Imvely, of moldy pumpkin juice fame, in hot water again
Imvely, a fashion and beauty products company that went from social media favorite to a target of angry internet mobs almost overnight last year, has been rocked once again.
The authorities have found that it manipulated online reviews.
Imvely was one of the seven social media-based online shopping malls fined by the Fair Trade Commission for unfair business practices, according to a statement Sunday. A total of 33 million won ($27,400) of fines were meted out, with Imvely being ordered to pay 6.5 million.
In addition to hiding negative reviews, the company is also accused of manipulating its "best items" rankings. While claiming that the rankings were based on objective standards, it turned out some of the products were on the lists due to excess inventories.
Last spring, Imvely made headlines after it was found that the pumpkin juice sold on its site was moldy. The company dug itself deeper by only offering to replace the product and refusing to make refunds. This resulted in a torrent of claims online about the company's products and its refusal to apologize.
The company also was found to have deleted negative comments.
Park Jun-sung, CEO of Imvely parent company Bugun FNC, made a public apology, and the company's fortunes, which were once considered bright as it leveraged internet fame to real business, dimmed.
Imvely is the nickname of Im Ji-hyun, model turned entrepreneur and social media influencer. As of Sunday, Im had 690,000 followers. This is a drop from a year ago, when she had more than 820,000. Imvely’s official website still has over 1 million followers.
The scandal had a real-world impact, with revenue falling from 97 billion won at the peak of its business in 2018 to 45 billion won last year. In 2018, it achieved an operating profit of 10 billion won, while in 2019 it lost 1.3 billion won. A 6.9 billion won net profit in 2018 gave way to a 18.5 billion won operating loss the following year.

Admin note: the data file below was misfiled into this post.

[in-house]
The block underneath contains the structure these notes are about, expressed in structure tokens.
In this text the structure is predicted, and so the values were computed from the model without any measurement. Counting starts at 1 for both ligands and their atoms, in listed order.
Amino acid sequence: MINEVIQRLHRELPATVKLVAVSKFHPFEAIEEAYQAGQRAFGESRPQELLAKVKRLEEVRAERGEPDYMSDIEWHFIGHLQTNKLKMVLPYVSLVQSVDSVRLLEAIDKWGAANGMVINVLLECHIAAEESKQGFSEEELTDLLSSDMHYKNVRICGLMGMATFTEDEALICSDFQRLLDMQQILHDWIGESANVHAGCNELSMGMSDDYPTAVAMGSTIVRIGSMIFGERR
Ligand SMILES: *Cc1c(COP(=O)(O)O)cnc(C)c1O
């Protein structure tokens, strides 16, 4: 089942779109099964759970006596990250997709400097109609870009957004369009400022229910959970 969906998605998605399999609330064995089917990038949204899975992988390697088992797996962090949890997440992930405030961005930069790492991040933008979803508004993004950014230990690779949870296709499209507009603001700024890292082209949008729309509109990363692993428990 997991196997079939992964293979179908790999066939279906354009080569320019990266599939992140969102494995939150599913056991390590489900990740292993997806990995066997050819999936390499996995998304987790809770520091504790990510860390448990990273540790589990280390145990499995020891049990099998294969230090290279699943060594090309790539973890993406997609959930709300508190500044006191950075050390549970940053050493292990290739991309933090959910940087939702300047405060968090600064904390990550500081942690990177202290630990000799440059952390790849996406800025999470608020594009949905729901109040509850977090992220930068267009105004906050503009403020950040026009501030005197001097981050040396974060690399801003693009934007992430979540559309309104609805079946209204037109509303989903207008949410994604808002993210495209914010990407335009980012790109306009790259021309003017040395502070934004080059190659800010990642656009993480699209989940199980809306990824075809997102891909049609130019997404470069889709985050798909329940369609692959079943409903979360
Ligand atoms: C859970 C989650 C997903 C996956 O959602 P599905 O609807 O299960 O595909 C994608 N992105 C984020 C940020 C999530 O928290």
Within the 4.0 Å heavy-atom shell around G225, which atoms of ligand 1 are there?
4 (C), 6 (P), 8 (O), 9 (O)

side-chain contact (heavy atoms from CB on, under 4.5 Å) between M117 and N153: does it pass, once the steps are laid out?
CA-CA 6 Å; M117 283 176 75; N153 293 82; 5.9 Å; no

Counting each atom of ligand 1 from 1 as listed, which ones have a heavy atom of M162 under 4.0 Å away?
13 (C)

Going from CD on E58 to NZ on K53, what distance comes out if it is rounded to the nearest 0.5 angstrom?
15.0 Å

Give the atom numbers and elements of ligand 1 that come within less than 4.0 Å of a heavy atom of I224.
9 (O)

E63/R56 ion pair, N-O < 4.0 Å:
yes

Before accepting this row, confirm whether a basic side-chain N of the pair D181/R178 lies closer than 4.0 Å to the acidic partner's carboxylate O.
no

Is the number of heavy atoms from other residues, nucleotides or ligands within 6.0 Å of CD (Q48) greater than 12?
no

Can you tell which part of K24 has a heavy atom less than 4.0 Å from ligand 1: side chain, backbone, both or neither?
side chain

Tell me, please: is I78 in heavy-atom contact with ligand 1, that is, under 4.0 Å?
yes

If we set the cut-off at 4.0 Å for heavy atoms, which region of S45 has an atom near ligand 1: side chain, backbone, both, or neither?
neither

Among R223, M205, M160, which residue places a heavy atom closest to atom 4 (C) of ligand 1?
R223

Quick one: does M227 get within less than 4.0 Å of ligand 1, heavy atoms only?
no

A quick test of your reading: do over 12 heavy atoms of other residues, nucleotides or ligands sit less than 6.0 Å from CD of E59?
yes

Other social-media-based online shopping malls were found to have committed similarly deceptive practices. Haneul Haneul, a underwear company, hid negative reviews and shortened the deadline for returns. Pighip, an online fashion mall, was found to have done much the same.
The FTC in a statement said it expects the fines will discourage shopping malls that use influencers from violating the Electronic Transaction Acts and raise awareness.
The government has been increasing its crackdown on violations by businesses using social media platforms and YouTube. The National Tax Service on Thursday announced that it targeted those making income through such new platforms, which have been growing rapidly.
Citing an April 19, 2019 survey, the NTS said 55.7 percent of social media users in Korea have bought products via these platforms. A study released in May 2019 found that the single-person media market grew from 3.8 trillion won in 2018 to 8 trillion won.
BY LEE HO-JEONG [email@example.com]